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The adoption of Service Oriented Architecture (SOA) causes some profound changes in application development. Initially, the idea that we build composite applications by orchestrating a variety of services sounds as if it is just a better way to implement modular programming. However, breaking down application suites into simple services means that we can lose some of the functionality of the suite, such as audit logs, and exception handling.
If we look more closely at exception handling we should see the problem. If an application suite recognised an exception, such as a missing input value, or the stock position being different to the expected, then the suite could deal with the exception, bringing all the relevant data together, passing it to the relevant module of the suite and the exception will be handled.
Individual services are different. If SOA is to be effective, the services have to be small and self contained, they have to have very well defined interfaces and messages they respond to and they cannot assume very much about their environment. They should not know what invoked them, and they definitely should not assume anything about the functionality of the invoker. If services are not built like this they will be very difficult to test, very sensitive to changes in the environment and will not provide the flexibility, adaptability and productivity that is claimed for SOA.
So, if a service discovers a problem, it cannot fix it, it can only raise an exception by sending a response to the invoker. The response must be a message or document(s) that identifies the exception and provides all the relevant information that the service has collected. The problem with that approach is that the invoker is also just a service and is also in no position to resolve the issue.
Luckily SOA both creates the problem and provides the mechanism to resolve it in a more elegant manner than the suites. The solution is to have services for resolving exceptions. The beauty of this approach is that the services can be general purpose services that are configured to deal with specific exceptions. The benefits of this approach are multiple:
- Logging of exceptions and their resolutions can be done in a consistent fashion thereby improving the auditing, monitoring and control of exceptions. This logging is essential to ensure business compliance, as ad-hoc fixing of exceptions is a real opening for unauthorised dubious changes to occur.
- Changes to the way specific exceptions are handled can be implemented quickly. This can significantly improve the productivity of the business by reducing the number of errors that have to be resolved by human intervention.
- Exceptions can be handled in a variety of different ways:
- from just passing the message to a human for resolution.
- through acceleration,where the system suggests possible resolutions.
- through automation, where the system fixes the problem without the need for human intervention.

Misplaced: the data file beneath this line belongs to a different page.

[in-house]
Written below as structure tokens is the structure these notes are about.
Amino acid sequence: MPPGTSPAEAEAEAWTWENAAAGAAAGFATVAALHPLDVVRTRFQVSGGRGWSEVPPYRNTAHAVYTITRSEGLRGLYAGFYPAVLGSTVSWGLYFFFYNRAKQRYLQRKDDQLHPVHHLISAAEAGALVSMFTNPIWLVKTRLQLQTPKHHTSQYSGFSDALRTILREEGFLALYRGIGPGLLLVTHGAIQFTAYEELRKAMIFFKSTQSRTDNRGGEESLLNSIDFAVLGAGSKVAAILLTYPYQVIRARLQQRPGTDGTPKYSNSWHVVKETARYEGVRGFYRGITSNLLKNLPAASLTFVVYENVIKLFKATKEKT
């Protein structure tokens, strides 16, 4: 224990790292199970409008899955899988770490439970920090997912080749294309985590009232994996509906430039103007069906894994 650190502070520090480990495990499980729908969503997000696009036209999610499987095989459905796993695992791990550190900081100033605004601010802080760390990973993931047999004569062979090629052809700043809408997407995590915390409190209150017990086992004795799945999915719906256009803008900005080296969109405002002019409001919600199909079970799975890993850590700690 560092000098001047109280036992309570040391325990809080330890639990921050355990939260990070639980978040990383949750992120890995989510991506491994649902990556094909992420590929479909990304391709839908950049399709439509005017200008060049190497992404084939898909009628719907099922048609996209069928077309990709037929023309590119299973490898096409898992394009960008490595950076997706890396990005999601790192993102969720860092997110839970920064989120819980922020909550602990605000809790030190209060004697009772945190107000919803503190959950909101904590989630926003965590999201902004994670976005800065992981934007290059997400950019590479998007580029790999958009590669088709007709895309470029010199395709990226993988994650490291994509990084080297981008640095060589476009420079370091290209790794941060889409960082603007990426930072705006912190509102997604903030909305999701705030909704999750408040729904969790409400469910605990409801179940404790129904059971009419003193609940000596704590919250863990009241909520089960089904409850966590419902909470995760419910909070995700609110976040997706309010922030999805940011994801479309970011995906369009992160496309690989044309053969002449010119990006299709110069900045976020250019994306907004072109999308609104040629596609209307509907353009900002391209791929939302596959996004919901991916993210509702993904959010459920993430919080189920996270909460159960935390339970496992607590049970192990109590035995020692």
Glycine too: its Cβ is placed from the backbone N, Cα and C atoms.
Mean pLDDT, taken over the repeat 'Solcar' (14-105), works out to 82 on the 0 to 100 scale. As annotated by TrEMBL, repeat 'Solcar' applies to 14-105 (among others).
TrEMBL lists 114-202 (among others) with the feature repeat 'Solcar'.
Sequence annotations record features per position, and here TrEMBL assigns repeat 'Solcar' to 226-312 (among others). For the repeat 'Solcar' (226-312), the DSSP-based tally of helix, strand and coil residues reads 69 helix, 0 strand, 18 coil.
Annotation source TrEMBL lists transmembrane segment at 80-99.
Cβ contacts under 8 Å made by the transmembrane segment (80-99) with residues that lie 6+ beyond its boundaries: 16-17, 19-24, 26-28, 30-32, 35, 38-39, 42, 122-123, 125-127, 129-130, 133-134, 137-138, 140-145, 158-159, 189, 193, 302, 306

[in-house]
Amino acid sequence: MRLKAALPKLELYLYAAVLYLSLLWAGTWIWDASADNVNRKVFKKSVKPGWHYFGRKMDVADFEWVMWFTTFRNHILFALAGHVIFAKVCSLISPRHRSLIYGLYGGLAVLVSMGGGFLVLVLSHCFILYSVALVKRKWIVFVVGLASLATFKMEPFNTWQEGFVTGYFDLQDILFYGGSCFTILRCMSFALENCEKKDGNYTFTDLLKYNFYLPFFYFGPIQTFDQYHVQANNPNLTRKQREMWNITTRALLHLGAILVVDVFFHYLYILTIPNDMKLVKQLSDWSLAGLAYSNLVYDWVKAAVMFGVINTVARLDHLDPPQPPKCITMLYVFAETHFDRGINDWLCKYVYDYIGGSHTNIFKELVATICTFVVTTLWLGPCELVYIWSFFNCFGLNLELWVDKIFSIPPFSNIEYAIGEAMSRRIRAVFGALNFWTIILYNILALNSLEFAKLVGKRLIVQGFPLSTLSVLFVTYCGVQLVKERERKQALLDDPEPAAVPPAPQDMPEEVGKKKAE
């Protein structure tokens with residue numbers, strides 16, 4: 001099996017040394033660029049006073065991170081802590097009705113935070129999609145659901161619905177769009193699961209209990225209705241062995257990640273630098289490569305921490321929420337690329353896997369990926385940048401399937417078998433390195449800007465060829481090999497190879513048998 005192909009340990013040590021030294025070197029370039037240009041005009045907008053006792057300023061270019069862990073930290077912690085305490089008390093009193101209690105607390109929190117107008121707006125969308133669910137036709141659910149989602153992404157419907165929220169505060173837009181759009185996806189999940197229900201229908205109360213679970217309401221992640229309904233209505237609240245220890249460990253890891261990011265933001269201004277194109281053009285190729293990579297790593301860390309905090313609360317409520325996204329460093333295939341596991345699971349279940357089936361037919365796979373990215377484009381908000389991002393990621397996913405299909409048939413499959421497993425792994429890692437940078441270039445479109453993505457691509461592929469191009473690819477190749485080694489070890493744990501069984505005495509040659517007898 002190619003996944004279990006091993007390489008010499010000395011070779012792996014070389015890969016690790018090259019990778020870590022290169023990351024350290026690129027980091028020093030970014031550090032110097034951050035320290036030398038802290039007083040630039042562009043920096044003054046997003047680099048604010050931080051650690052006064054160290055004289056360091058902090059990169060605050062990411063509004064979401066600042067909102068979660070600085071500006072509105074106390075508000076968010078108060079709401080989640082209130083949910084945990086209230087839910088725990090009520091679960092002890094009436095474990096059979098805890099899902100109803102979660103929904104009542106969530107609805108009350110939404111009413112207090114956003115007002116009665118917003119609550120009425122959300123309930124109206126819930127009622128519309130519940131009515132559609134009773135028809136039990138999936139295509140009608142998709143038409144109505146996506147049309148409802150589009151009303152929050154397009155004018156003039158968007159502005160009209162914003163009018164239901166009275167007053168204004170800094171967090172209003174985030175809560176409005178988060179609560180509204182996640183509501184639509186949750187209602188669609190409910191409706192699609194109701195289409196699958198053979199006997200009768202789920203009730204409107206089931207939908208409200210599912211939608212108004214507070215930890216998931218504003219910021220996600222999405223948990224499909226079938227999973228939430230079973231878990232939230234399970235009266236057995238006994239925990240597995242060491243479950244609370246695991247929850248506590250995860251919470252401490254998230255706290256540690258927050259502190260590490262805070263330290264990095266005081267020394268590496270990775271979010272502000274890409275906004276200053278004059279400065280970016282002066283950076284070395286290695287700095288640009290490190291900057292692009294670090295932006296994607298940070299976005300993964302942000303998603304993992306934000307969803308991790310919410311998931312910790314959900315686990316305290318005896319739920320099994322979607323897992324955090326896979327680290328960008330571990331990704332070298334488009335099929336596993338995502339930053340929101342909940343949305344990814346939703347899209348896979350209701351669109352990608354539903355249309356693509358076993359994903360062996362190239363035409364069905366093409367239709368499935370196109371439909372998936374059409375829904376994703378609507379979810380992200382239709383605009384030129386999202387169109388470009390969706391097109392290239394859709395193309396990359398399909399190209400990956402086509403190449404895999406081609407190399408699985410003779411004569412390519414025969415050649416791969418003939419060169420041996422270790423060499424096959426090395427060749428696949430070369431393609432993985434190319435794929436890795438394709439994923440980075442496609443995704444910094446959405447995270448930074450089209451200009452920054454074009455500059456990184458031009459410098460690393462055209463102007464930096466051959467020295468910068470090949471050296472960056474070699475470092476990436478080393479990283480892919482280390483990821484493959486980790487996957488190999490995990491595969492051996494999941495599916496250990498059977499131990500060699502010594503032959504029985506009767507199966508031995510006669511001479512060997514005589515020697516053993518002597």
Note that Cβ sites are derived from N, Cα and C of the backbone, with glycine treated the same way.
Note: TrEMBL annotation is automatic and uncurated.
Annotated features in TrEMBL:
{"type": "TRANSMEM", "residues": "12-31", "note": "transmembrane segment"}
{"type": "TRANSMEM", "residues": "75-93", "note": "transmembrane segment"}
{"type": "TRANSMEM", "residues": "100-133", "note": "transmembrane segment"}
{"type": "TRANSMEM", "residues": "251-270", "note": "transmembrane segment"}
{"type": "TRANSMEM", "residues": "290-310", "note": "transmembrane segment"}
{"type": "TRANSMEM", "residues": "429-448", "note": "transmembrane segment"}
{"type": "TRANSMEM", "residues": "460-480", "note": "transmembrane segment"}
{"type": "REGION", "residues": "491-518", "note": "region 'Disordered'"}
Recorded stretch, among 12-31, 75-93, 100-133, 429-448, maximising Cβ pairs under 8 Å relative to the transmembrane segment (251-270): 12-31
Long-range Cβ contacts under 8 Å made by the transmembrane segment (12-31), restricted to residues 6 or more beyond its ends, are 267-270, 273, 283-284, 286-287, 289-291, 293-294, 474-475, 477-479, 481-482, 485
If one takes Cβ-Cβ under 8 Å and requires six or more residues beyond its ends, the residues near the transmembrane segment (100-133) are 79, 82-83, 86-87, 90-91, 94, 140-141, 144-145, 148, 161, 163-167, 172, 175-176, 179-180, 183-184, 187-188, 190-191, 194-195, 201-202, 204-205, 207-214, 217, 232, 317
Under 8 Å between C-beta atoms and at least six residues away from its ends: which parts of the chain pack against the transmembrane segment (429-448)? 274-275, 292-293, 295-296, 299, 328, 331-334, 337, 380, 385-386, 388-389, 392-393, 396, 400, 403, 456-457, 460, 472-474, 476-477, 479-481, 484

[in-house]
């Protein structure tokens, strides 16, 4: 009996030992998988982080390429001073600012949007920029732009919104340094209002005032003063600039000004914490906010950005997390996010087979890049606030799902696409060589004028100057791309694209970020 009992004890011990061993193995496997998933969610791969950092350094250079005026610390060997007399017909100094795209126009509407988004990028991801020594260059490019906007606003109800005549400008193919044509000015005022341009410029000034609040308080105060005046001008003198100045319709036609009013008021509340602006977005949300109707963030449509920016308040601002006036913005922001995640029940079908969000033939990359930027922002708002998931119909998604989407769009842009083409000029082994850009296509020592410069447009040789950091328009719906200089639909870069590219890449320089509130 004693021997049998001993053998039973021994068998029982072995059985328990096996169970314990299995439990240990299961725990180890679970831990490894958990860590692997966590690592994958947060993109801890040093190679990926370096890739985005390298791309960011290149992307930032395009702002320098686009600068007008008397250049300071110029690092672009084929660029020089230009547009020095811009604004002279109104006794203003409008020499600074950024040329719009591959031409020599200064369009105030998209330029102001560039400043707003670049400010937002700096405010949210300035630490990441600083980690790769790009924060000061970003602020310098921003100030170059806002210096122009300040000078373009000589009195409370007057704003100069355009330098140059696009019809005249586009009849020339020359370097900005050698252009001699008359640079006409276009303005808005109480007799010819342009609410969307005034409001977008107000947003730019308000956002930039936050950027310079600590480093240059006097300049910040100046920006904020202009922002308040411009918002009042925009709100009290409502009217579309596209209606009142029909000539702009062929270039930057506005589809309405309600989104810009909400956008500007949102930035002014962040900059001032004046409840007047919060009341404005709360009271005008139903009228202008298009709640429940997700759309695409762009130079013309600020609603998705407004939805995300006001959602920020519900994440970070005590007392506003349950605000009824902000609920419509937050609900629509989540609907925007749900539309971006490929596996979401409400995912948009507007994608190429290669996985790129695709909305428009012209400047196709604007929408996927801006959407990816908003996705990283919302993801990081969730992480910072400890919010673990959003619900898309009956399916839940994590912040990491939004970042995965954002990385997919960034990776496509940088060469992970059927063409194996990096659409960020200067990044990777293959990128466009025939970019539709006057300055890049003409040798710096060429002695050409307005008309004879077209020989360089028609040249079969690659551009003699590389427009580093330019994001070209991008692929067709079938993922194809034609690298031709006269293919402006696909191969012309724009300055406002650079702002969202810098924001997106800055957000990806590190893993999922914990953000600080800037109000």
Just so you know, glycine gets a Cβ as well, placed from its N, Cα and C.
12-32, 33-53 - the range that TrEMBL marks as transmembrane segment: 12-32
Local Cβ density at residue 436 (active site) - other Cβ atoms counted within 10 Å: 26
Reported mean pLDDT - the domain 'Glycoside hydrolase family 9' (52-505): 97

- through elimination, where the system can catch the error at input before the service raises an exception.
- All of these under the control of a generalised service.
- As exceptions are monitored and the resolution life-cycle is understood the method used can be moved through the above types. This can be done exception type by exception type, so allowing the low hanging fruit with the biggest benefits to be tackled first, without compromising the processing of the unusual errors.
- Institutionalization of Best Practices – what used to be ‘tribal knowledge’ of how to deal with an exception now becomes available as a ‘service’ that can be easily modified and adapted. Such well documented practices are an essential prerequisite to meeting compliance regulations.
The beauty of SOA is that it enables solutions like this to be developed and provided independently as services, thus providing all the benefits at a fraction of the cost of trying to build a bespoke exception handler.
The first vendor that I have come across that has done just this is Vitria, with Resolution Accelerator (RA). RA has been built using the experience of several of Vitria’s clients who needed generalised exception handling and built it on top of Vitria’s BPM offering. From this experience, Vitria has extracted all the standard services, development artefacts, and administrative tools required to quickly and effectively implement exception resolution in an SOA environment. RA is built on top of Vitria’s BPM but as it is a service it will run alongside and support any SOA environment using any other ESB or BPM products.
In the SOA environment, external exception management is the only solution, but if we think of suites as very coarse grained services then RA can still help to resolve errors that occur between the different suites.
I believe that Resolution Accelerator provides a service that is essential to the successful widespread adoption of SOA and should be considered very seriously by anyone moving into this area.